Today we did two dives, one off of a wall at this place called Jackson's point and another off a point where two walls meet. Both dives were about 50 minutes long and I had dove down to 50 feet (which is a new record for me).  The night before we had a lecture on fish identification and these dives were to test our skills. Needless to say I saw all of the fish families, wrasses, tangs, butterfly fish, parrotfish, angelfish ( a french angel fish I saw was wider than a dinner plate!), groupers, and blennies. On the first dive I had seen a a bunch of stingrays (which btw are one of my favorite sea animals) and my dive buddy was actually able to find a Morey eel under a boulder! unfortunately I wasn't able to bring my underwater camera with me due to my buoyancy issue but I finally got the clear that i can bring on the next dive once I had surfaced. We arrived back to the CCMI too late to snorkel as planned so instead we used the time to catch up on work and eat dinner. About an hour ago my lecture ended and I have been writing this blog ever since.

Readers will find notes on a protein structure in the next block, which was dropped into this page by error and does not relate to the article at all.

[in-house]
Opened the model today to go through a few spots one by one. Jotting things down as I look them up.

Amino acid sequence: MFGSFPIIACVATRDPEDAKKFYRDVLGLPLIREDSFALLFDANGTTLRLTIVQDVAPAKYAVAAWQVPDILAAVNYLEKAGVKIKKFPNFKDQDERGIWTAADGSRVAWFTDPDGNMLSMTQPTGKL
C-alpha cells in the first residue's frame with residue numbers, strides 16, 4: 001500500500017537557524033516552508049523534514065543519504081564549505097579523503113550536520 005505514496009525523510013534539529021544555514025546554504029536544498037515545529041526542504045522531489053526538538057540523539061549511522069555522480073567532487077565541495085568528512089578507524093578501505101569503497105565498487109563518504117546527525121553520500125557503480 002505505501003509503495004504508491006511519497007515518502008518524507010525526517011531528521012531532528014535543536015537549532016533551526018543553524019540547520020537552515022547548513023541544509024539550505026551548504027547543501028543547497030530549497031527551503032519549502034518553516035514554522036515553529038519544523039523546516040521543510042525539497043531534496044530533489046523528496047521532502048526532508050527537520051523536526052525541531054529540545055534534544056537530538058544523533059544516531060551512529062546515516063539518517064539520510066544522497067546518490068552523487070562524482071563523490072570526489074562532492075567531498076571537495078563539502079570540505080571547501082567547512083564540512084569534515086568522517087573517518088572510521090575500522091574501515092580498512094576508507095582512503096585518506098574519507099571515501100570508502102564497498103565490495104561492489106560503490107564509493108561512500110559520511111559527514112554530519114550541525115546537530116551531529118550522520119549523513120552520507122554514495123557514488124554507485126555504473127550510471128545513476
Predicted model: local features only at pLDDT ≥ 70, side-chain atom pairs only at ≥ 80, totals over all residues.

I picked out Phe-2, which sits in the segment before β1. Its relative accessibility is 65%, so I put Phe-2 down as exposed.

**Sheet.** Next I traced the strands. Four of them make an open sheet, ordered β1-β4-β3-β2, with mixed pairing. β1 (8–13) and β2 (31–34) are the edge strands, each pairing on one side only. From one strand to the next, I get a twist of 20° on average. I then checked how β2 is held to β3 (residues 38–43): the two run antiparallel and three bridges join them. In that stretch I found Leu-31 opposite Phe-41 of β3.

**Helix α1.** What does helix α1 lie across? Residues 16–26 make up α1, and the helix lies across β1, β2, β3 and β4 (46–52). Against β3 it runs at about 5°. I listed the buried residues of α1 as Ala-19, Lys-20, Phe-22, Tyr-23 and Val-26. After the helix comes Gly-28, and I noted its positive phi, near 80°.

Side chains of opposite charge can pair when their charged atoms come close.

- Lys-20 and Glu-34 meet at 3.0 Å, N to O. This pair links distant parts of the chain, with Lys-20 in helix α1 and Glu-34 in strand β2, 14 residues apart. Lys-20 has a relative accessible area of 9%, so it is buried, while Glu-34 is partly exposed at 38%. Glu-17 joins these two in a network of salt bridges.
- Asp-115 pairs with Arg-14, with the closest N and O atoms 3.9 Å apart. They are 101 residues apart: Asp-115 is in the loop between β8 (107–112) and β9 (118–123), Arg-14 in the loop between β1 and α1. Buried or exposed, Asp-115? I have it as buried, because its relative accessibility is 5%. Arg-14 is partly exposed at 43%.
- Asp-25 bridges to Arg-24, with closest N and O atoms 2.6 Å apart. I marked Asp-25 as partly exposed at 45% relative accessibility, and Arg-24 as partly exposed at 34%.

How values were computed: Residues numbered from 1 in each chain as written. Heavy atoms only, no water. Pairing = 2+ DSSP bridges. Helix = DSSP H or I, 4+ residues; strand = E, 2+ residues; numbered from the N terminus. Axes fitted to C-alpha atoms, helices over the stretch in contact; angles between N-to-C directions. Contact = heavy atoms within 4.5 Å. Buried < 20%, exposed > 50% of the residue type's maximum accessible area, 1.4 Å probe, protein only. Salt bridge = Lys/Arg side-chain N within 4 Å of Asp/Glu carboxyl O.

Sorry if this last bit is rushed but I'm a bit tired and I still need to go shower before I head off to bed. 

WELL YOU MADE IT. I promise you I won't make my next updates this long (hey give me a break, I had 3 days worth of experience to cover). As promised, you can make the decision for yourself if I was over exaggerating in the beginning.

This is to show you the bright obnoxious wall (lols) and below it is  a better view of the water I wake up to and swim in everyday. 

Until next time,

1 comment:

  1. I enjoyed the read and look forward to your next post! Thanks for adding pictures too! They really made the intro more tangible alive.